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Team Sports and the Theory of Deliberate Practice

Werner F. Helsen, Janet L. Starkes, and Nicola J. Hodges

Two studies tested the theory of deliberate practice (Ericsson, Krampe, & Tesch-Romer, 1993) and contrasted results with the sport commitment model (Scanlan, Carpenter, Schmidt, Simons, & Keeler, 1993a, 1993b). In Part I, international, national, and provincial soccer and field hockey players recalled the amount of time they spent in individual and team practice, sport-related activities, and everyday activities at the start of their career and every 3 years since. In Part II, these activities were rated in terms of their relevance for improving performance, effort and concentration required, and enjoyment. A monotonic relationship between accumulated individual plus team practice and skill level was found. In contrast with Ericsson et al.’s (1993) findings for musicians, relevant activities were also enjoyable, while concentration became a separate dimension from effort. The viability of a generalized theory of expertise is discussed.

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Deliberate Practice and Expertise in Martial Arts: The Role of Context in Motor Recall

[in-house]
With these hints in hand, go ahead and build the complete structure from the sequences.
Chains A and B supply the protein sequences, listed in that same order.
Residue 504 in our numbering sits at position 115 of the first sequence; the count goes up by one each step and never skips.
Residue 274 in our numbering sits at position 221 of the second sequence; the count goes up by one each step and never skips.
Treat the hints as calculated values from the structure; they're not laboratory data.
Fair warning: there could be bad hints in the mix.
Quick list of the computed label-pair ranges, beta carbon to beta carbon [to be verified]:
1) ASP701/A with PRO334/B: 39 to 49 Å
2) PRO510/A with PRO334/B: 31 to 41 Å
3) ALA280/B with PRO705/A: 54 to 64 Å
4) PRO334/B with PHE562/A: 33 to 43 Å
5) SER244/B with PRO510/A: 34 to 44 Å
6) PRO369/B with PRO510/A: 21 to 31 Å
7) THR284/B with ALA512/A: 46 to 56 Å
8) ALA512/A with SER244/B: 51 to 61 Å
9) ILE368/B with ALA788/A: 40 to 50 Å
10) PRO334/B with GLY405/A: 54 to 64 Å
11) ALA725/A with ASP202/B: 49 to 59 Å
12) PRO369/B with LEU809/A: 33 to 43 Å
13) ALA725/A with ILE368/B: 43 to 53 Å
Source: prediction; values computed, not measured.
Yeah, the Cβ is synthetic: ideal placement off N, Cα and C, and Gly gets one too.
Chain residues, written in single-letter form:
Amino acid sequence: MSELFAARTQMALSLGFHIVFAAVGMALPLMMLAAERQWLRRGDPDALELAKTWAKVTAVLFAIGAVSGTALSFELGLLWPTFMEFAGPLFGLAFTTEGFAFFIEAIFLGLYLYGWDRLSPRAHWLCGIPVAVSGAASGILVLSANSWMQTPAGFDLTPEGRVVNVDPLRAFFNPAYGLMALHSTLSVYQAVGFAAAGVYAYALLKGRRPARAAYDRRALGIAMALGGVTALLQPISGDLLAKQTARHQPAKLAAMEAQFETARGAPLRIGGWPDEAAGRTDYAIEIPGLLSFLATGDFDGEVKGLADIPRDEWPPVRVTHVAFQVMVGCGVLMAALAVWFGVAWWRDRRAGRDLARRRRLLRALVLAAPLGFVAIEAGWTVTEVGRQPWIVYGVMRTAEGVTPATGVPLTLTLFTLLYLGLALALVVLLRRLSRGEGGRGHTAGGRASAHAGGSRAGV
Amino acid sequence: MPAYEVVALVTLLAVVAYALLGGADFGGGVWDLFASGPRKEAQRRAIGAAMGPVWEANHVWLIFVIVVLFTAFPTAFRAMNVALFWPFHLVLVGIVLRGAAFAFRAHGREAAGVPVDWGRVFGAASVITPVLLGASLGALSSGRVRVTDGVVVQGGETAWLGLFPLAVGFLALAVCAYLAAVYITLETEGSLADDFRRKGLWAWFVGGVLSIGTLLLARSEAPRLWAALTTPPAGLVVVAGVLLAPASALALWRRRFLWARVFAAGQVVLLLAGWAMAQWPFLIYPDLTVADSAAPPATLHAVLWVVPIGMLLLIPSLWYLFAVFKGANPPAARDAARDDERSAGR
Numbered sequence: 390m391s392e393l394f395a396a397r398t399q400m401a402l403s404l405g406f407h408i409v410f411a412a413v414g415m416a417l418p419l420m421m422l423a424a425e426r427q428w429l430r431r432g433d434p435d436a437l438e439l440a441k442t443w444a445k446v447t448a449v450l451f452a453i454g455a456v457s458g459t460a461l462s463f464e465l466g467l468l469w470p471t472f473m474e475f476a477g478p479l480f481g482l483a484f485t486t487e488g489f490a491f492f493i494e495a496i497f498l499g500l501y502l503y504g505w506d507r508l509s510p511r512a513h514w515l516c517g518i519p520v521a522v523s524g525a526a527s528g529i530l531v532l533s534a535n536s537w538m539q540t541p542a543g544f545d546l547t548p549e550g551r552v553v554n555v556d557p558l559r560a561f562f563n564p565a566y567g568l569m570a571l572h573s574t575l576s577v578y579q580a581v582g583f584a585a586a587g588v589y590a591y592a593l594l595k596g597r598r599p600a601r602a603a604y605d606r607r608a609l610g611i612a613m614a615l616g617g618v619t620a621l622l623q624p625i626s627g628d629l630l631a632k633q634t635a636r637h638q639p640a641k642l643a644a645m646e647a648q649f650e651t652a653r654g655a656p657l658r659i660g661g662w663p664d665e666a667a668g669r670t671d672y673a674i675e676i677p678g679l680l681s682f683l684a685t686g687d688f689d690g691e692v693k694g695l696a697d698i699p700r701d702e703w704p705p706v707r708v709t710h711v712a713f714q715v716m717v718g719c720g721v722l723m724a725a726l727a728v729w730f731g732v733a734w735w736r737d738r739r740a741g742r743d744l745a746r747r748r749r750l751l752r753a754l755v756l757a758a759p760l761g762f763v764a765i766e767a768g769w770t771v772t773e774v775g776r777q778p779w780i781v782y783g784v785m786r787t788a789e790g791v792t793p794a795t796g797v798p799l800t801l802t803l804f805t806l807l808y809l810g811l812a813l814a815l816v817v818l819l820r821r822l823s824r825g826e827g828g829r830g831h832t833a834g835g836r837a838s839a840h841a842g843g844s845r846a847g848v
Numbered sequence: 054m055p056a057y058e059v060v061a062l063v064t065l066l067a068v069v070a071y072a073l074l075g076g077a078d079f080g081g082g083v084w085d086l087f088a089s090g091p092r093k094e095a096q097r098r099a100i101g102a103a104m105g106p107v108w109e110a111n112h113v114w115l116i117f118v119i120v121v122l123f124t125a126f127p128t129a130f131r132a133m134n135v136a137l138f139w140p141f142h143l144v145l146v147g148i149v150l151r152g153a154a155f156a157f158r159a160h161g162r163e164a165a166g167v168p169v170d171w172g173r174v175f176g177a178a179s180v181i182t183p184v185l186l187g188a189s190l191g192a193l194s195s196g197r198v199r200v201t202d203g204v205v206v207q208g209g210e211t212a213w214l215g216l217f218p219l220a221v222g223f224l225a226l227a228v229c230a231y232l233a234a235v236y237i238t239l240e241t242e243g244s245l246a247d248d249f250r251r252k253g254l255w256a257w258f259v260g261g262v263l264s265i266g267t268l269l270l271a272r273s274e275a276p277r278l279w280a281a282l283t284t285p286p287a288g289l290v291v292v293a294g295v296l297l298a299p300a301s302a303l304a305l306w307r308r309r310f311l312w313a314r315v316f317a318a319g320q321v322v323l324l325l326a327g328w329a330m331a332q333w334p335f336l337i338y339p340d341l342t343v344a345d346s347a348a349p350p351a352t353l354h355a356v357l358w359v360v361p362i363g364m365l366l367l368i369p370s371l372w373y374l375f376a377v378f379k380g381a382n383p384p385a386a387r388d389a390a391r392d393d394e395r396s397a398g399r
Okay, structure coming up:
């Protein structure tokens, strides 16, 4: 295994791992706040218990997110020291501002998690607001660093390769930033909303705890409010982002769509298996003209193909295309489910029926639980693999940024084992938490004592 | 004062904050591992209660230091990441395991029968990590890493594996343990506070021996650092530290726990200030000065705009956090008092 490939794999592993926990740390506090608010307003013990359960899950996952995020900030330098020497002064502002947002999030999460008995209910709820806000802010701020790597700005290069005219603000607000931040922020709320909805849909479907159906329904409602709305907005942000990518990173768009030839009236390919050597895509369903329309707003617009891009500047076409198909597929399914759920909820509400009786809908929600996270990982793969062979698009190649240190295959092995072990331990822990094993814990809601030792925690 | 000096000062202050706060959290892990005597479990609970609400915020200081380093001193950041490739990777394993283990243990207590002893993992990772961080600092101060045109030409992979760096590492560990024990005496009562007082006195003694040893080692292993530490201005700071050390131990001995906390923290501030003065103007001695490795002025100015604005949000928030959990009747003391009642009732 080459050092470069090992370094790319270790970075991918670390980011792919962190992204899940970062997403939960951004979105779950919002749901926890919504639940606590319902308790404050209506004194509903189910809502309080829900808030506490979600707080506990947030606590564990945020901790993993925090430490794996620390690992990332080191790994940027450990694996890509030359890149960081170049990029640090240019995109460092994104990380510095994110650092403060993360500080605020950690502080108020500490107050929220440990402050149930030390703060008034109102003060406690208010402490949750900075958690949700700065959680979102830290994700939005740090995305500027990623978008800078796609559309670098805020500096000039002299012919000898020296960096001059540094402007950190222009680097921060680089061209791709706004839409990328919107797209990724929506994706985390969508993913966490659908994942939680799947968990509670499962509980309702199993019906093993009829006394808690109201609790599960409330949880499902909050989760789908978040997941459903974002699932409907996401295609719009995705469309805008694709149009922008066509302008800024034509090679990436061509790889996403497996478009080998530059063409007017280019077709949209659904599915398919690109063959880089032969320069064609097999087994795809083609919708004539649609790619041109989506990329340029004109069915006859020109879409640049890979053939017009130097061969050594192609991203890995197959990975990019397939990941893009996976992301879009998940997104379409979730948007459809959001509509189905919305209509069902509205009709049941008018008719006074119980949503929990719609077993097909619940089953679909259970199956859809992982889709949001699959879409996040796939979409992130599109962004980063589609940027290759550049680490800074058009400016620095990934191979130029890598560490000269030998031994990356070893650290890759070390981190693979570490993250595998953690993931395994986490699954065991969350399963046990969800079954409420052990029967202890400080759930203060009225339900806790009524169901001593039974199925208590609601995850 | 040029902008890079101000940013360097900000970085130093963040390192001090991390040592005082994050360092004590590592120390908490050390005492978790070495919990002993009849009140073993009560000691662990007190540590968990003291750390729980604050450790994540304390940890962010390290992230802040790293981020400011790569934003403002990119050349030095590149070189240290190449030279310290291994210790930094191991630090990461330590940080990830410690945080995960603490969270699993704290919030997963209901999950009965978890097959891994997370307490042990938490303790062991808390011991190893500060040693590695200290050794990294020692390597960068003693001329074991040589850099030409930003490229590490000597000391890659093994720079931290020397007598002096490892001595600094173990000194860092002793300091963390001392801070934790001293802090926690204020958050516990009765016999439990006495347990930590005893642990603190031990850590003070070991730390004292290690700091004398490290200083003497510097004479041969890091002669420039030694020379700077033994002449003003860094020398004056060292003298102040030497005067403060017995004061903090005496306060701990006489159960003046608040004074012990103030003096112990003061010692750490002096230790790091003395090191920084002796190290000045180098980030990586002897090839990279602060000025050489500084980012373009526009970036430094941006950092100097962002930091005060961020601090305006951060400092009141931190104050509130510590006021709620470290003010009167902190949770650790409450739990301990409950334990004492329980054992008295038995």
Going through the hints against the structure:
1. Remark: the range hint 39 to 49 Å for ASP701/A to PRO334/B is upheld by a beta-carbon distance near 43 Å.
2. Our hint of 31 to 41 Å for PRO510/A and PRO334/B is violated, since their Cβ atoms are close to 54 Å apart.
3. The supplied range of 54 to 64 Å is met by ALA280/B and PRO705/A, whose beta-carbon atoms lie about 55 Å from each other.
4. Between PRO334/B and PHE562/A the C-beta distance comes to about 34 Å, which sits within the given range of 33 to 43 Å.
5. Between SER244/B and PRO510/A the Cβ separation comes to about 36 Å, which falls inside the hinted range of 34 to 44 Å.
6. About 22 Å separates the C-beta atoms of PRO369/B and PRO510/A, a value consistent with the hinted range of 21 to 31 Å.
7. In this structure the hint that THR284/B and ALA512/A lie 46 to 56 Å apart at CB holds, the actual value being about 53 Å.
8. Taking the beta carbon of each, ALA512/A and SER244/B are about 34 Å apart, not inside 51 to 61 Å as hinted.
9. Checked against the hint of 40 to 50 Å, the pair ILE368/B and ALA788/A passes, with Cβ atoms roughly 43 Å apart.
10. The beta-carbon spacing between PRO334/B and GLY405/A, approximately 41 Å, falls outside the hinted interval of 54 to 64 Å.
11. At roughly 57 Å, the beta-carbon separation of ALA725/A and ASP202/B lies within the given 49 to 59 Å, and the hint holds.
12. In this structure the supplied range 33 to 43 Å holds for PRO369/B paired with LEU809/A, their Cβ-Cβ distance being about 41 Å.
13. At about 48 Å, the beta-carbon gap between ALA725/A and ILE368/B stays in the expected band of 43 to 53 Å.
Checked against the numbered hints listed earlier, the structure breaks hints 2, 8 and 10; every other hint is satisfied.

Thana Hodge and Janice M. Deakin

This study used participants from the martial arts (karate) to examine the influence of context in the acquisition of novel motor sequences and the applicability of Ericsson, Krampe, and Tesch-Romer's (1993) theory of deliberate practice in this athletic domain. The presence of context did not benefit recall performance for the experts. The performance of the novice group was hindered by the presence of context. Evaluation of the role of deliberate practice in expert performance was assessed through retrospective questionnaires. The findings related to the relationship between relevance and effort, and relevance and enjoyment diverged from Ericsson et al.'s (1993) definition of deliberate practice, suggesting that adaptations should be made if it is to be considered general theory of expertise.

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The Influence of Achievement Motivation and Chess-Specific Motivation on Deliberate Practice

Anique B.H. de Bruin, Remy M.J.P. Rikers, and Henk G. Schmidt

Although the importance of high motivation to engage in deliberate practice has been acknowledged, no research has directly tested this hypothesis. Therefore, the present study examined this relation in adolescent elite chess players by means of a questionnaire. In addition, to provide an explanation for dropout among promising chess players, differences in motivation between persistent and dropout chess players were analyzed. Competitiveness and the will to excel proved to be predictors of investments in deliberate practice. Moreover, achievement motivation and chess-specific motivation differed to a certain extent between persisters and dropouts. Our results suggest that motivation to engage in deliberate practice not only contains elements of the will to improve performance, but also of the will to attain exceptional levels of performance.